Indeed, the EU has put a lot on money into this idea, among other things providing billions in funding under the Instrument for Pre-Accession Assistance (IPA) to create cross-border projects aimed at bringing partners from Western Balkan countries together to jointly develop the region’s natural and human resources. Its investment in Albania will have been for naught if the political crisis spirals out of control, and as such will also affect its regional partners.
Clearly, urgent EU-required legislation will not be passed by an Albanian parliament that is divided and by political parties who refuse any high-level contact with each other.

Last year, the European Commission rejected Albania’s application for official candidate member status, citing democratic weakness, a poorly performing judiciary and high-level corruption and organized crime.

The recent violence threatens to put Albania on the level with Kosovo in terms of EU integration, with Bosnia also remaining a major question mark (though with no real threat of violence), and the EU is not keen to have only part of the region in its fold for a number of reasons, both political and economic. The violence in Albania could also result in yet another EU rethink of enlargement, as did the acceptance of Bulgaria and Romania into the bloc, which many EU member states now think was premature. The standards have been raised, hence leaving Croatia on the sidelines, at least for now, and this could happen once again. The region is now key, rather than individual states, and Albania could prove a major setback.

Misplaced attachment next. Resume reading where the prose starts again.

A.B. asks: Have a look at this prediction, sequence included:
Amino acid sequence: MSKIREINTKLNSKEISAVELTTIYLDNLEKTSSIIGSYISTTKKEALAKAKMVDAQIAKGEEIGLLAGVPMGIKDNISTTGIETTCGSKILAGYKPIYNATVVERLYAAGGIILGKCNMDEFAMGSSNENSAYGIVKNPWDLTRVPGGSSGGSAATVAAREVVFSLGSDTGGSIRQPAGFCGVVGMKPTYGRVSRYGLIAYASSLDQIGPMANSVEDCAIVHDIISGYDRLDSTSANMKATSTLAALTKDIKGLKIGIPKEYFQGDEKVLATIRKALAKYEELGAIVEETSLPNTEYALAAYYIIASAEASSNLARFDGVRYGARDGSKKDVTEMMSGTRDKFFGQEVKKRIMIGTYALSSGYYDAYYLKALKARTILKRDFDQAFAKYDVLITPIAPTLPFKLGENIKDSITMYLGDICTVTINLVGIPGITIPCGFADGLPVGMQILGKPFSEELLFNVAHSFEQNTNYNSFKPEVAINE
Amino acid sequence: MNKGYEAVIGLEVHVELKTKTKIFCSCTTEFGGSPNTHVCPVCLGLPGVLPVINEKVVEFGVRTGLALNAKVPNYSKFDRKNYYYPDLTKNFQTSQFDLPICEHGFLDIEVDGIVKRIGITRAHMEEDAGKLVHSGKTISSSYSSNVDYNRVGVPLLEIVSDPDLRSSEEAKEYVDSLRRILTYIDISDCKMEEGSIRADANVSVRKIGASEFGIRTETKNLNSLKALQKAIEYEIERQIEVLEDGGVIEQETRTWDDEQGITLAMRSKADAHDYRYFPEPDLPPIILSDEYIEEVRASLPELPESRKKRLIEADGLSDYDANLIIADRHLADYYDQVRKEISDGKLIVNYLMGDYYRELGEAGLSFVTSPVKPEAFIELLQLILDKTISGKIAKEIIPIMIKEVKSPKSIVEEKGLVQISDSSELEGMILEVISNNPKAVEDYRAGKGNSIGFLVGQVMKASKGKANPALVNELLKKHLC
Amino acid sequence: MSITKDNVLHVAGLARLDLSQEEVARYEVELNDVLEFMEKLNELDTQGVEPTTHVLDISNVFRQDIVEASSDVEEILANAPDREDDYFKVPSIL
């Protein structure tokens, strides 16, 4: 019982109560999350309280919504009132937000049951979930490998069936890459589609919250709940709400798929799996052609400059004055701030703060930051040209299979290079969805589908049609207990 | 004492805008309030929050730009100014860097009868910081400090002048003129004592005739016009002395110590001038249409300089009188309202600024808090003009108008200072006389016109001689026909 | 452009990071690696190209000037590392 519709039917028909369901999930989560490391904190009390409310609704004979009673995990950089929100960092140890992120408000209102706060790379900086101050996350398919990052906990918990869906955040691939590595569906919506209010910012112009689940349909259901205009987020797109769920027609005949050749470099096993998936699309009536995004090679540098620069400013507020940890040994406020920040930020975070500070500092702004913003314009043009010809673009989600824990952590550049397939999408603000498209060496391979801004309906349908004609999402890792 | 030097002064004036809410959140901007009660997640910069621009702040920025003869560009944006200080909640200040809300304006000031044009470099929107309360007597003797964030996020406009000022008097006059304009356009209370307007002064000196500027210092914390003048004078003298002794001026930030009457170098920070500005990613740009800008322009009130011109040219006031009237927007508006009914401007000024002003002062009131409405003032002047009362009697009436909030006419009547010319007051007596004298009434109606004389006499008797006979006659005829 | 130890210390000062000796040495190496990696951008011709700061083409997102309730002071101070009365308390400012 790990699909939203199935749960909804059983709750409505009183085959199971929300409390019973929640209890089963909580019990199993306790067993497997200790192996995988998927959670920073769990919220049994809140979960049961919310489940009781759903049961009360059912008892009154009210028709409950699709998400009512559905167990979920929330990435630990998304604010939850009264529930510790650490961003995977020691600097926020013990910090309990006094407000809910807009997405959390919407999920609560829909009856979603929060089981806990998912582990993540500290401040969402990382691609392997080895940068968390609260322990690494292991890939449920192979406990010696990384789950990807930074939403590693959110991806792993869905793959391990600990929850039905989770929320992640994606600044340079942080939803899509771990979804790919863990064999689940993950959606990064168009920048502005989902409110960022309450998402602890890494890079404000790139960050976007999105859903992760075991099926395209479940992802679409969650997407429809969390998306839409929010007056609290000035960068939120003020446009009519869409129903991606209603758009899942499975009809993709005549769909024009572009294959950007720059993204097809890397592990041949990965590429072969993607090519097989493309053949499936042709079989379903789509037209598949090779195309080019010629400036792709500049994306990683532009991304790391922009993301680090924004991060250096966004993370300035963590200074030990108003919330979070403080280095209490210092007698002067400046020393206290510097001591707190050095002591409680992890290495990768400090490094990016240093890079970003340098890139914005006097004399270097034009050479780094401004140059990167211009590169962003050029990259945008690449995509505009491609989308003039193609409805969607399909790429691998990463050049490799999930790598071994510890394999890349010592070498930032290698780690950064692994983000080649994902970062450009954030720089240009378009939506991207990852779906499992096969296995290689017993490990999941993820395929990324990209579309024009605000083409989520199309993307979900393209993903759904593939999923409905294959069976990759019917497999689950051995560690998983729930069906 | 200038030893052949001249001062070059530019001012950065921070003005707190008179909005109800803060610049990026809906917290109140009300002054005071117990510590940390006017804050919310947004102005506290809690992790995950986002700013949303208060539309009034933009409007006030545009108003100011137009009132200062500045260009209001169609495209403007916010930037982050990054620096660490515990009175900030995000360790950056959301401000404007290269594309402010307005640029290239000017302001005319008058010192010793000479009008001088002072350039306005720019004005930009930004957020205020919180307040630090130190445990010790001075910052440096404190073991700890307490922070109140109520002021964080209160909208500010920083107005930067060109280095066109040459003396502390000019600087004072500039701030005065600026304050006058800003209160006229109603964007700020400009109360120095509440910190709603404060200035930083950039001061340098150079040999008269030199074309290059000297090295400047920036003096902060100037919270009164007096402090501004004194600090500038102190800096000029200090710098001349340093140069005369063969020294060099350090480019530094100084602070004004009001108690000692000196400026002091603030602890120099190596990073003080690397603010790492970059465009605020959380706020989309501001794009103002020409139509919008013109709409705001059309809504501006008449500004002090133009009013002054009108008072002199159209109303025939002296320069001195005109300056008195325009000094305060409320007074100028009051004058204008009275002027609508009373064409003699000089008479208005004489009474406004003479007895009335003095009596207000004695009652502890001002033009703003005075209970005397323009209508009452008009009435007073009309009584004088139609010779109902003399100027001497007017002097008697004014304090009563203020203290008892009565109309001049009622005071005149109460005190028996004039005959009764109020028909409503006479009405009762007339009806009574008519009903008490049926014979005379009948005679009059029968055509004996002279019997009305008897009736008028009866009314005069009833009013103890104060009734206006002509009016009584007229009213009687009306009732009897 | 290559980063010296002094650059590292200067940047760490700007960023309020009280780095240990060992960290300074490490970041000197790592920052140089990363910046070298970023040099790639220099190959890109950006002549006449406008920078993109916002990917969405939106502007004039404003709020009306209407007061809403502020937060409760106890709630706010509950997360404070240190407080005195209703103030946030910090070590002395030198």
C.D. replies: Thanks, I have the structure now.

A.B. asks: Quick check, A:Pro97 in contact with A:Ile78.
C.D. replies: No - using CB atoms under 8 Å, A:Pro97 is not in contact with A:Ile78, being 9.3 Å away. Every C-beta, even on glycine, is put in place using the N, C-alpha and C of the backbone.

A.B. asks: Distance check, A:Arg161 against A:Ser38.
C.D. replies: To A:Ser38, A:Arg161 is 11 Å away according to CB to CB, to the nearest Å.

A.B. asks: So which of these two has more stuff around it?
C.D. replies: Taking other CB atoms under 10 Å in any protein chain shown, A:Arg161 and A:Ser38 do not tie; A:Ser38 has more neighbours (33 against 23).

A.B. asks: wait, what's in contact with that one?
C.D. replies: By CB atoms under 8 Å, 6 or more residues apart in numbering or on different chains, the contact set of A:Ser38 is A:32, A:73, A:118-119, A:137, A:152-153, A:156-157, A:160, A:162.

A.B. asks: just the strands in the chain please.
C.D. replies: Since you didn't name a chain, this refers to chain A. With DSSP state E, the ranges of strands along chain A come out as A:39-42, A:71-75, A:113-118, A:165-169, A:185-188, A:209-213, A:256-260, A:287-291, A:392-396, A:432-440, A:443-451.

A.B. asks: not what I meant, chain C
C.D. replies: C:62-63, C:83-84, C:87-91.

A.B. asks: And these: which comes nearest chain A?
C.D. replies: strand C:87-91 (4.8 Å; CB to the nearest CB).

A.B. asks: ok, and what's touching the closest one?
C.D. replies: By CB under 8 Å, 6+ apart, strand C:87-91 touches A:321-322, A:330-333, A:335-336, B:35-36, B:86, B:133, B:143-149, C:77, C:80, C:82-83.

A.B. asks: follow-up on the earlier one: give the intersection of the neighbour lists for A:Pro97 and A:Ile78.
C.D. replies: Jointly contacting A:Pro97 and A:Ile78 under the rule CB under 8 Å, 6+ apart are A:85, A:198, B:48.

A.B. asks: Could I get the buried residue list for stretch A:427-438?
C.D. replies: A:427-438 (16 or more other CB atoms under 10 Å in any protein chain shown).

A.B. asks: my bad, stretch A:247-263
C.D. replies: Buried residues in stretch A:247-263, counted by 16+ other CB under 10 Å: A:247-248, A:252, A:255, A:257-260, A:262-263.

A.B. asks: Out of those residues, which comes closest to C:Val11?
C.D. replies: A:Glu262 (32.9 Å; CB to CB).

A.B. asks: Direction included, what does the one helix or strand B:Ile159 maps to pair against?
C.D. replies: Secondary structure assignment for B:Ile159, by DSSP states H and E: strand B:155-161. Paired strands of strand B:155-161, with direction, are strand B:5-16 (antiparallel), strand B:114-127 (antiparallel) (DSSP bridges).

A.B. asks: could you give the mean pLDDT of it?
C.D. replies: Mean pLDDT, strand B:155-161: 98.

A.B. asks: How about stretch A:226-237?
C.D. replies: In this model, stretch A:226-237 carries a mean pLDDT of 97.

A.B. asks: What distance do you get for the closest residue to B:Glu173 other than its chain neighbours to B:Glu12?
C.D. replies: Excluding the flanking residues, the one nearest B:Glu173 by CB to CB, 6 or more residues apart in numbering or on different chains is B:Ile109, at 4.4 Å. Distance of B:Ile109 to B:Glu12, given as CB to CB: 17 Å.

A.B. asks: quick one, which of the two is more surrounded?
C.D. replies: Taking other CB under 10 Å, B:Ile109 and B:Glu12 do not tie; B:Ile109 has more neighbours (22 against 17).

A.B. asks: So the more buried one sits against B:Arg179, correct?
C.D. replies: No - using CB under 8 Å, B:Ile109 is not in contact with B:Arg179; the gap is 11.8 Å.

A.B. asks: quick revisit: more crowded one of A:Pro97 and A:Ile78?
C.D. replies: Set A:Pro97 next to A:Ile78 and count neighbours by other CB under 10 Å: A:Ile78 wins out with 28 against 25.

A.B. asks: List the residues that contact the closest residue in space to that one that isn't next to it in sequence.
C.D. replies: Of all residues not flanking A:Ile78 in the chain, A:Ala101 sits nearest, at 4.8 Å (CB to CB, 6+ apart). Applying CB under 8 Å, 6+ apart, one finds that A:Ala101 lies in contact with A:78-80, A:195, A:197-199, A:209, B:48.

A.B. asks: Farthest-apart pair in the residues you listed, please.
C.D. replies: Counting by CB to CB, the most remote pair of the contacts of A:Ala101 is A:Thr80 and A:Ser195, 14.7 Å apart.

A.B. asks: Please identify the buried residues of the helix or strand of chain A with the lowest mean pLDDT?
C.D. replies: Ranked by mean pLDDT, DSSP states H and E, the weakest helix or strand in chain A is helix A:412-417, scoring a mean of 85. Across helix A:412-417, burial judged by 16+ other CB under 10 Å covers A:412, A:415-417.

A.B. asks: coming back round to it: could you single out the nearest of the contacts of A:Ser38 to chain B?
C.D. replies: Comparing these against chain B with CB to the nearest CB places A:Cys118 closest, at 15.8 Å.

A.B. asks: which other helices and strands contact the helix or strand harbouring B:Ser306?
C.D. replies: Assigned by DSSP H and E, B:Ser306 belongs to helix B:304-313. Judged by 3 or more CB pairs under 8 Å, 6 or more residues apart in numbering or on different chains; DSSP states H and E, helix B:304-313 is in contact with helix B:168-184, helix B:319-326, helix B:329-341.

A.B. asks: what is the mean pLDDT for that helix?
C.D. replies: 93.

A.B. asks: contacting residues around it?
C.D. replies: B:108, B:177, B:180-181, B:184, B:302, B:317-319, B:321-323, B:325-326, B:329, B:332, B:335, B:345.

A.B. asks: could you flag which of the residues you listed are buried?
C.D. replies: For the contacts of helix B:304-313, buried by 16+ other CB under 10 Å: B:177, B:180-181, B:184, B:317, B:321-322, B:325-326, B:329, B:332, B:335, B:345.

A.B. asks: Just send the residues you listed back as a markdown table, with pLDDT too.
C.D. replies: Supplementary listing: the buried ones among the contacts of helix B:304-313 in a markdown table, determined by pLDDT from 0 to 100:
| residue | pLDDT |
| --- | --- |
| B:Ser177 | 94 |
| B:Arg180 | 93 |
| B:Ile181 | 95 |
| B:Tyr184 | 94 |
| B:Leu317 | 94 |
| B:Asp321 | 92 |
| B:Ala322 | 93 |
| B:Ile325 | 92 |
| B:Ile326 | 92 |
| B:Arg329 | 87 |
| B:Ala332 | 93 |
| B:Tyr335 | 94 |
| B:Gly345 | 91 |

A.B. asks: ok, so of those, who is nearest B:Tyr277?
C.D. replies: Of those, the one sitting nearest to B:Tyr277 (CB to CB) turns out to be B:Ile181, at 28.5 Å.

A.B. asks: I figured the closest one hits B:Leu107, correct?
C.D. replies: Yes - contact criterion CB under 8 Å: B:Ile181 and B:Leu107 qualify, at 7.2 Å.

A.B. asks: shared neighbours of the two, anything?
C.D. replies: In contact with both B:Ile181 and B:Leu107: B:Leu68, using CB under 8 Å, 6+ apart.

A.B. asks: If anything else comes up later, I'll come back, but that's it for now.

If the EU hopes to salvage the situation, it will have to get its hands dirty in Albania, much like it will have to take over the Office of the High Representative in Bosnia. There is no room for traditional Albanian politics in the EU, and only a hands-on approach will keep Albania from destroying regional EU aspirations.

Bad News for NATO Members

Certainly, the violence in Albania will have an effect on NATO. Albania joined the Alliance in April 2009, along with Croatia. Since 1992, when Albania began the NATO accession process, it has been viewed as a stability factor, largely because of the situation in the rest of the Western Balkans during the wars following the breakup of Yugoslavia. Again, this was a comparative outlook based more on what was happening around Albania than on what was happening inside Albania itself.

In March 1999, as a result of the Kosovo conflict, NATO established a logistics support command in Albania to facilitate Kosovo Force (KFOR) operations. In June 2002, the NATO Headquarters Tirana (NHQT) was established to “assist and support the government of Albania in an advisory role in relation to NATO membership activities.”

Albanian troops participate in the Southeast European Brigade (SEEBRIG) created in 1998, along with Bulgaria, Croatia, Macedonia, Greece, Italy, Slovenia, Romania, Turkey and the United States. They also participate in Mission Althea in Bosnia-Herzegovina, and NATO’s ISAF mission in Afghanistan. Previously, Albanian troops were in Iraq, though Tirana withdrew forces in December 2008. Albania also participates in the EU’s mission in Chad and NATO’s Active Endeavour operation in the Mediterranean.